• High © 2016 Wiley-VHCA AG, Z€urich www.cb.wiley.com radioactivity levels were observed in the liver of control and LPS-treated rats, suggesting that (S)-1 undergoes rapid and massive hepatic clearance (Fig. 3).

Conclusions

  • In conclusion, the authors have reported here the very first attempt to visualize in vivo brain FPRs that are expressed in microglial cells where they mediate chemotactic activity of Ab peptide in AD.
  • These results could be due to possible low affinity of (S)-[11C]-1 for the target receptor in vivo, concomitant with the rapid in vivo clearance of the radioligand.
  • In addition, most of the FPRL-1 agonists reported, if not all, have been assessed solely for their ability to activate (EC50) and not for their affinity (KD or Ki) for the receptor.
  • The results presented here might suggest it is not the case.
  • This work was supported in part by Grant-in-Aid for Scientific Research on Innovative Areas (‘Brain Environment’) 23111009 (M. H.) from the Ministry of Education, Culture, Sports, Science and Technology, Japan.

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FULL PAPER
Radiosynthesis and in vivo Evaluation of Carbon-11 (2S)-3-(1H-Indol-3-yl)-2-{[(4-
methoxyphenyl)carbamoyl]amino}-N-{[1-(5-methoxypyridin-2-yl)cyclohexyl]methyl}
propanamide: An Attempt to Visualize Brain Formyl Peptide Receptors in Mouse
Models of Neuroinflammation
by Enza Lacivita*
a
), Madia Letizia Stama
a
), Jun Maeda
b
), Masayuki Fujinaga
b
), Akiko Hatori
b
), Ming-Rong Zhang
b
),
Nicola A. Colabufo
a
)
c
), Roberto Perrone
a
), Makoto Higuchi
b
), Tetsuya Suhara
b
), and Marcello Leopoldo
a
)
c
)
a
) Dipartimento di Farmacia Scienze del Farmaco, Universit
a degli Studi di Bari ‘Aldo Moro’, via Orabona, 4, IT-70125,
Bari (phone: +39-080-5442750, fax: +39-080-5442231, e-mail: enza.lacivita@uniba.it)
b
) National Institute of Radiological Sciences, National Institutes for Quantum and Radiological Science and Technology, 4-9-
1 Anagawa, Inage-ku, Chiba, Chiba 263-8555, Japan
c
) BIOFORDRUG s.r.l., Spin-off, Universit
a degli Studi di Bari ‘Aldo Moro’, via Orabona, 4, IT-70125, Bari
Here, we describe the very first attempt to visualize in vivo formyl peptide receptors (FPRs) in mouse brain by positron
emission tomography (PET). FPRs are expressed in microglial cells where they mediate chemotactic activity of b-amyloid
peptide in Alzheimer disease and, thus, are involved in neuroinflammatory processes. To this purpose, we have selected (2S)-
3-(1H-Indol-3-yl)-2-{[(4-methoxyphenyl)carbamoyl]amino}-N-{[1-(5-methoxypyridin-2-yl)cyclohexyl]methyl}propanamide ((S)-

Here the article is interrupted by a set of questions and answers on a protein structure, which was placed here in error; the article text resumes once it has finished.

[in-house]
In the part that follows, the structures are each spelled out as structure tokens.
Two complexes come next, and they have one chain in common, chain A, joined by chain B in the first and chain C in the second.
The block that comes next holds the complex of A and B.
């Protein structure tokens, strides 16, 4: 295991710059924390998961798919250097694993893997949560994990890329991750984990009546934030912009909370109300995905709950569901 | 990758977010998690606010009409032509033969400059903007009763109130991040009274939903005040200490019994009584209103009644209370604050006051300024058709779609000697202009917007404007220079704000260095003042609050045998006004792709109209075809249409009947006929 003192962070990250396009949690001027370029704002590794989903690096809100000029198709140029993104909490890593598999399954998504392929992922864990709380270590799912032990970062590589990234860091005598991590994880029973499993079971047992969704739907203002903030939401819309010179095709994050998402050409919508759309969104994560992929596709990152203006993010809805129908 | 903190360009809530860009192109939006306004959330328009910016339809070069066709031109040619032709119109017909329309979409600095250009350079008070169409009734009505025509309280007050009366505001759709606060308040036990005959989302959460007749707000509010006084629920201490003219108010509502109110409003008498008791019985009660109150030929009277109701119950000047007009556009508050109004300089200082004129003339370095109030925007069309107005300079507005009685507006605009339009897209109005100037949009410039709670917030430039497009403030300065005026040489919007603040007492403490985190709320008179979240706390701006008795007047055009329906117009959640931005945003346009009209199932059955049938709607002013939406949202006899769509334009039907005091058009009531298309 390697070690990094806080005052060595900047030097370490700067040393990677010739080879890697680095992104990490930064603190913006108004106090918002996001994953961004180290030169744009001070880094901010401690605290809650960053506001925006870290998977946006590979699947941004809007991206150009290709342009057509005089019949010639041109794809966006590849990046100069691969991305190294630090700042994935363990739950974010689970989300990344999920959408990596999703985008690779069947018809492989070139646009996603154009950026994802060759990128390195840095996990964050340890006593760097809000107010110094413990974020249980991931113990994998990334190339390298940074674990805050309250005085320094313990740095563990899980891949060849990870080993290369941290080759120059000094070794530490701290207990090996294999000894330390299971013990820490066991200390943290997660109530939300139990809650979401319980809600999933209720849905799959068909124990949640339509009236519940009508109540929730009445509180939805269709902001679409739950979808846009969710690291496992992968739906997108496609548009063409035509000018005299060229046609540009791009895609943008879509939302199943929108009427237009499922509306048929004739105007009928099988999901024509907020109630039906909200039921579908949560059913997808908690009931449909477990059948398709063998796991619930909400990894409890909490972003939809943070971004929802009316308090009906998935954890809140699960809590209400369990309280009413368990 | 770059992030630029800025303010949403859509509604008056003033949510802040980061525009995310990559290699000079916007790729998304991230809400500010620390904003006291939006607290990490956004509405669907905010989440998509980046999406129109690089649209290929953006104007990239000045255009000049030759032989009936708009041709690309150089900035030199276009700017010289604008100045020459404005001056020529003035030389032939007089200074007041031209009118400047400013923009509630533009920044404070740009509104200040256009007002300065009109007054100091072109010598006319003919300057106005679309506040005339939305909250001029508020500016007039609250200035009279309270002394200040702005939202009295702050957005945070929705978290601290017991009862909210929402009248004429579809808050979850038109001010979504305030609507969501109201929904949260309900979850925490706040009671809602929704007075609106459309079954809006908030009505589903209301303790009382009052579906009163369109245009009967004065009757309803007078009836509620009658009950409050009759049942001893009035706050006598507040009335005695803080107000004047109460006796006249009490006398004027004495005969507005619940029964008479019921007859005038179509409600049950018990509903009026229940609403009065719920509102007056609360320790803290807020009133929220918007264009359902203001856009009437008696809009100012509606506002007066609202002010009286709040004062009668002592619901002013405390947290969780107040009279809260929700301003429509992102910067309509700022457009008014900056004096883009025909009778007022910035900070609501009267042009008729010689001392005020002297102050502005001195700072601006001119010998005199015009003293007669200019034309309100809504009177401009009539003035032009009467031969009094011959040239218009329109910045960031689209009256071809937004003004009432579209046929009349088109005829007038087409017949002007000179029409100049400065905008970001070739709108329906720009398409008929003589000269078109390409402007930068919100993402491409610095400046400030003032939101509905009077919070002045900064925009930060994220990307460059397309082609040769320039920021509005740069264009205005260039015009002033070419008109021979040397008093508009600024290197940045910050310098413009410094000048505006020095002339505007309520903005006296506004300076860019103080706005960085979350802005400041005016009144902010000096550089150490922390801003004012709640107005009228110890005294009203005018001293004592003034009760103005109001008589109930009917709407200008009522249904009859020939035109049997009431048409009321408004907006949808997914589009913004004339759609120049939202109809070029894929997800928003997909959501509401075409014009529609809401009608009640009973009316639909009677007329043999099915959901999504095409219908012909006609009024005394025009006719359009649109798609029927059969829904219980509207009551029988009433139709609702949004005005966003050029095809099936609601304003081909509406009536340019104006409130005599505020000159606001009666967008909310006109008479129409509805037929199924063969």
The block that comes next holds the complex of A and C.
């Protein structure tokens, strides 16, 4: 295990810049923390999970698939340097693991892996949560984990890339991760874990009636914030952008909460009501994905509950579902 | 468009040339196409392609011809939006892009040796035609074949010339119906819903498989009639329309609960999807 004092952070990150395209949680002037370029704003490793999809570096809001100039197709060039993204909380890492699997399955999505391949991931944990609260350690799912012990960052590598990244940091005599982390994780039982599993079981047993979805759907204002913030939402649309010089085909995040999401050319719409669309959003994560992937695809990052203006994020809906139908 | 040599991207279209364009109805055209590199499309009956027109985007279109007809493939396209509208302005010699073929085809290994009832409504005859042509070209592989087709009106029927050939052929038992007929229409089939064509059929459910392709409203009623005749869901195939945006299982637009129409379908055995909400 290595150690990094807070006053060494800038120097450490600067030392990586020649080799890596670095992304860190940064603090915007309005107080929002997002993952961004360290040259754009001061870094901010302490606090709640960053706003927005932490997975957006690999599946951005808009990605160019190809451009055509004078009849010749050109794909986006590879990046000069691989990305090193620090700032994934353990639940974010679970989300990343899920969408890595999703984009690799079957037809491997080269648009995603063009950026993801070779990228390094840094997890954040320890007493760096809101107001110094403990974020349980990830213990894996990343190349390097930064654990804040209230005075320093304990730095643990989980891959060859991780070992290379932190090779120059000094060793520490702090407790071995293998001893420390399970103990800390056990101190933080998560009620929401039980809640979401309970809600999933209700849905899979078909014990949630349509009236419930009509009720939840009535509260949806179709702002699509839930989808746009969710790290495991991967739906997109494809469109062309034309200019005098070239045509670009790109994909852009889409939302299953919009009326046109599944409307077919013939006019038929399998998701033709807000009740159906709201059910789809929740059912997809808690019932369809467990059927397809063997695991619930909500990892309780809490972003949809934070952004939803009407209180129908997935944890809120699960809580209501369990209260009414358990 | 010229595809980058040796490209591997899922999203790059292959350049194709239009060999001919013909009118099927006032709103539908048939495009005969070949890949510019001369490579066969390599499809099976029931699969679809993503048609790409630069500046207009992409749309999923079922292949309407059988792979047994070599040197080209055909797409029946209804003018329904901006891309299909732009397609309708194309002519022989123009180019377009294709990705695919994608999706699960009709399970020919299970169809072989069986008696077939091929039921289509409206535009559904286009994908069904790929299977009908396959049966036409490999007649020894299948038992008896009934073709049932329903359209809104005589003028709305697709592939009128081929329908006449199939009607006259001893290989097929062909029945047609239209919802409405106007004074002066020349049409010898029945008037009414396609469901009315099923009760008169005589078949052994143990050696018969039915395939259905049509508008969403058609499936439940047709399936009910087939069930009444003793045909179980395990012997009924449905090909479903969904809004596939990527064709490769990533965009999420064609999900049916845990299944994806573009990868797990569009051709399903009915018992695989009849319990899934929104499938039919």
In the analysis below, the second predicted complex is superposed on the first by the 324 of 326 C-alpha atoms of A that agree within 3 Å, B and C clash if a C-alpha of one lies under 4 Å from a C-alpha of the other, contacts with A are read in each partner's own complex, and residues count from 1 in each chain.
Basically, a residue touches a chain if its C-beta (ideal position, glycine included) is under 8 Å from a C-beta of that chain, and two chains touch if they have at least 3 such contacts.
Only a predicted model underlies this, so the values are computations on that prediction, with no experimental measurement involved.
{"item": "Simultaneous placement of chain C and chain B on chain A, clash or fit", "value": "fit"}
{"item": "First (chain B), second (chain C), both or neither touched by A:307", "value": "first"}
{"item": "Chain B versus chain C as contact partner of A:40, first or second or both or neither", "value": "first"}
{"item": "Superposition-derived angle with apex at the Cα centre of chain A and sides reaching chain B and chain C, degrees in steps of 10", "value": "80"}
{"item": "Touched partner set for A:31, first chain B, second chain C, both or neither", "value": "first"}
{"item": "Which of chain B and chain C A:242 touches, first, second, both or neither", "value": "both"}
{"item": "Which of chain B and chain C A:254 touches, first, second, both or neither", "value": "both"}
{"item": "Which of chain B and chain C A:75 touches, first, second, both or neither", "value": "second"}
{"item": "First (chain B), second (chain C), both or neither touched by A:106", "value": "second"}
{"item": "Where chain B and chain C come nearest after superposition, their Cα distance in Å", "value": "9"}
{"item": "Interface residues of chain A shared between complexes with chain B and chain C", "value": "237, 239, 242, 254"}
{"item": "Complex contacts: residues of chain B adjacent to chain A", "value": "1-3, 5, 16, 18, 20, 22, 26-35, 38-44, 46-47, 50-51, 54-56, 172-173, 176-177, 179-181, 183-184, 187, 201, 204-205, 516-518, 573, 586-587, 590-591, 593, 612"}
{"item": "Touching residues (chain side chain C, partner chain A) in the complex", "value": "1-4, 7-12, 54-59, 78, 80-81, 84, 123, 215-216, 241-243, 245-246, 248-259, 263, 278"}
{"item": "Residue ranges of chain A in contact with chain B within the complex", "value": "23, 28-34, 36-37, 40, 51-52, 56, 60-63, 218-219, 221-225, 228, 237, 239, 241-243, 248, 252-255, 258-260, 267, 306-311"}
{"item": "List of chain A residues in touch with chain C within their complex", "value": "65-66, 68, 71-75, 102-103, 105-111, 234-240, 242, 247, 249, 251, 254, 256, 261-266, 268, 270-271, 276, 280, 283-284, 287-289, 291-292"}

1), that we have previously identified as a potent non-peptidic FPR agonist. (S)-[
11
C]-1 has been prepared in high
radiochemical yield. ( S)-[
11
C]-1 showed very low penetration of bloodbrain barrier and, thus, was unable to accumulate into
the brain. In addition, (S)-[
11
C]-1 was not able to label FPRs receptors in brain slices of PS19 and APP23 mice, two animal
models of Alzheimer disease. Although (S)-[
11
C]-1 was not suitable to visualize FPRs in the brain, this study provides useful
information for the design and characterization of future potential PET radioligands for visualization of brain FPRs by PET.
Keywords: Formyl peptide receptors, Neuroinflammation, PET, Radiosynthesis, Ureidopropanamide.
Introduction
Neuroinflammation is a complex, dynamic, multicellular
process that plays a central role in a variety of neurological
diseases including neurodegenerative disorders. Activation
of microglia, the innate immune system of the central ner-
vous system (CNS), represents one of the hallmarks of neu-
roinflammation [1]. In normal condition, activation of
microglia exerts a protective function, providing tissue
repair by releasing anti-inflammatory cytokines and neu-
rotrophic factors [2][3]. Upon neuronal injury or infection,
microglia becomes overactivated leading to the release of
neurotoxic and proinflammatory factors [4][5]. Recent liter-
ature evidences also indicate that microglial activation is a
phenotypically and functionally diverse process, which may
change depending on aging, stage of disease, or presence of
other inflammatory events [2][6].
Several studies indicate that neuroinflammation is an
early and continuous feature of Alzheimer disease (AD).
Amyloid-b (Ab), which is considered central to the patho-
genesis of this disease, provokes the recruitment of micro-
glia and astrocytes to the sites in close proximity to Ab
deposits. Ab is able to interact with numerous surface
receptors that are expressed by microglial cells such as
formyl peptide receptors (FPRs) [7], Toll-like receptors
[8], scavenger receptors [9], and receptors for advanced
glycation end products (RAGE) [10]. Binding of Ab to
these receptors induces proinflammatory gene expression
and subsequent production of cytokines and chemokines
[11].
Molecular imaging techniques, such as positron emis-
sion tomography (PET) and single-photon emission com-
puted tomography (SPECT), can noninvasively visualize